Twitter Investigates Musk’s Failed Takeover

Elon Musk’s $44 billion takeover bid for Twitter Inc. is being investigated by Twitter Inc., according to legal experts, who are also trying to unearth proof that Musk sought to thwart the financing of the acquisition, Reuters reports.

According to documents filed over the past two days in the Delaware Court of Chancery, Twitter sent hundreds of civil subpoenas this week to international banks including affiliates of Morgan Stanley, co-investors in the deal like an affiliate of Brookfield Asset Management Inc., and Musk advisors.

Morgan Stanley chose not to respond. An inquiry for comment was not immediately answered by Brookfield. No one could be reached to speak with Musk or Twitter representatives.

The subpoenas ask for emails and records related to the transaction, its funding, and any details on “bot,” or false, Twitter accounts. Additionally, they ask the receivers whether they have any knowledge of how fluctuations in the stock price of Musk’s electric vehicle manufacturer Tesla Inc. may affect the deal.

The subpoenas are a part of Twitter’s lawsuit against Musk, which aims to compel him to honor the agreement at the $54.20 per share price. The Delaware Chancery Court is set to open a five-day trial on October 17.

According to experts, the subpoenas show Twitter is interested in learning what lenders, investors, and advisers were saying about Musk’s actions after he signed the agreement in late April.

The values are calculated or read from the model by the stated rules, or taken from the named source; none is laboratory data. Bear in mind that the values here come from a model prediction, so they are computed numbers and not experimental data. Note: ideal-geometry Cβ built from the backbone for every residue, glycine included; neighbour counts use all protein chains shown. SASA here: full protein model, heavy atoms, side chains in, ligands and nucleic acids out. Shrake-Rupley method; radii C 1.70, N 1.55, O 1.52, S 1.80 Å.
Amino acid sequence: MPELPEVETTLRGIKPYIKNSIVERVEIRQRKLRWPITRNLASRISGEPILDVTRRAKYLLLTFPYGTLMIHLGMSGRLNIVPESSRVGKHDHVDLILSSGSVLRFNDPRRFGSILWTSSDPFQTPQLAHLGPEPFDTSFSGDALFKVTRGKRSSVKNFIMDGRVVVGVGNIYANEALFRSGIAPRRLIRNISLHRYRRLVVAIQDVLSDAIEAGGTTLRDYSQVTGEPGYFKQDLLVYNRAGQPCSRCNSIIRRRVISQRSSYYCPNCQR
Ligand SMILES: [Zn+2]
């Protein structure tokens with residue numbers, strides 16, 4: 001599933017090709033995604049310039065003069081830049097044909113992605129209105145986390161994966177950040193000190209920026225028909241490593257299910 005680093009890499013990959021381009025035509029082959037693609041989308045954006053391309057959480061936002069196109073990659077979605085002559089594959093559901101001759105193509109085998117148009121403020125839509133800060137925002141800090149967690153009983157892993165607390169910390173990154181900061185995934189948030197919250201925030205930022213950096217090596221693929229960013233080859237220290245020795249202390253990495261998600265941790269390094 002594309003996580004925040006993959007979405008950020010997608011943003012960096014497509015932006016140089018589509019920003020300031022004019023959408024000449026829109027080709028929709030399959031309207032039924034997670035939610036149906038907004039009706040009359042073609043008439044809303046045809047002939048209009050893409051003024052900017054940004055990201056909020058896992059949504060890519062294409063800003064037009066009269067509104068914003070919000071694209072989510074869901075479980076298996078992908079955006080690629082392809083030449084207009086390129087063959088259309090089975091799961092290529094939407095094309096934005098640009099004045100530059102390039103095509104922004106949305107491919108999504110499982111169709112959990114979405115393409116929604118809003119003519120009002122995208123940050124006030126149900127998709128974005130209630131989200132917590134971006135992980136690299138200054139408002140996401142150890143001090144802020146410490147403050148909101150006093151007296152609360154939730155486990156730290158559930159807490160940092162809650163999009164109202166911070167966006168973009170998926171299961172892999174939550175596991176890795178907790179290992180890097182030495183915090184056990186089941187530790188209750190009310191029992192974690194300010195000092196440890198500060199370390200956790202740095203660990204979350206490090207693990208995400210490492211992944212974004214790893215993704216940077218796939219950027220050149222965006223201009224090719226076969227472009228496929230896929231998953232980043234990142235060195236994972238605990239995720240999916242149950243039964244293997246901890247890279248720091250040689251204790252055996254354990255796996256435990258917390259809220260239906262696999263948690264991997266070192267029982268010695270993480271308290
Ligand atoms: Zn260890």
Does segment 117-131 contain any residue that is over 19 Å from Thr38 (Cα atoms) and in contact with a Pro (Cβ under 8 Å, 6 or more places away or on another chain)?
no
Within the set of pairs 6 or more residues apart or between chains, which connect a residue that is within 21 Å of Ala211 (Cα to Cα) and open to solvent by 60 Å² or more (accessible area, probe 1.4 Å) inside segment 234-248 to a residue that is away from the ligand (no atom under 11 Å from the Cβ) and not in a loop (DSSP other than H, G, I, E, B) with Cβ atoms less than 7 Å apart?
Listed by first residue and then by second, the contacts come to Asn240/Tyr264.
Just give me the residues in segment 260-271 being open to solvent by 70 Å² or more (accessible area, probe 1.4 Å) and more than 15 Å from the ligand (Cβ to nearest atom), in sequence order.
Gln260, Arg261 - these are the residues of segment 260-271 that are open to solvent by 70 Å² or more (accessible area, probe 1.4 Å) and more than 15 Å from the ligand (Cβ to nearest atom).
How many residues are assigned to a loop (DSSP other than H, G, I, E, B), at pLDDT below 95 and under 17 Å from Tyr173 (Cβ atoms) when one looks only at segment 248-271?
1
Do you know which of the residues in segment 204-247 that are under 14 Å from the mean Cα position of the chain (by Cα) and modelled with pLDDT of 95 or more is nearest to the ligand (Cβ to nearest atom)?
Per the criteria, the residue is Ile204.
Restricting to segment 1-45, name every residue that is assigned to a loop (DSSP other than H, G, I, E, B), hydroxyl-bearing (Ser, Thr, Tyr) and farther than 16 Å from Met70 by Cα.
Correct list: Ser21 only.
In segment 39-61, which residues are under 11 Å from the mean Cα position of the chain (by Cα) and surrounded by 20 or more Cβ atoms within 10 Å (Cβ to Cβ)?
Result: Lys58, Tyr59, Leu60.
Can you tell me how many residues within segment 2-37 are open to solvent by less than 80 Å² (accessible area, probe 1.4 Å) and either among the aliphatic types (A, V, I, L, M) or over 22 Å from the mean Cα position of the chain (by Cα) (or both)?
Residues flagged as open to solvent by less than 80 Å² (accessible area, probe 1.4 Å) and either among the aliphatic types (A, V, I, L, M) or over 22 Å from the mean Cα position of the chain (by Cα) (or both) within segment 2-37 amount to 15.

On July 8, Musk announced that he was pulling out of the arrangement because Twitter was purportedly in violation of the agreement by withholding information regarding phony accounts on the network. Twitter claims that the false accounts serve as a diversion from the real problem, which is the agreement’s conditions. Additionally, Musk had stated that he was quitting Twitter due to the company’s failure to “preserve largely intact the material components of its present business organization” by firing high-ranking executives and one-third of the talent acquisition team.

Legal experts argue that Musk cannot be forced to complete the transaction if financing fails, providing he is not the reason for the unsuccessful finance.

The subpoenas issued by Twitter centered on Musk’s purported termination of Bob Swan, an operating partner at the venture capital firm Andreessen Horowitz who had initially spearheaded Musk’s efforts to get transaction financing. Twitter’s complaint claims that Antonio Gracias, a longtime colleague of Elon Musk, took his position.

Be the first to comment

Leave a Reply

Your email address will not be published.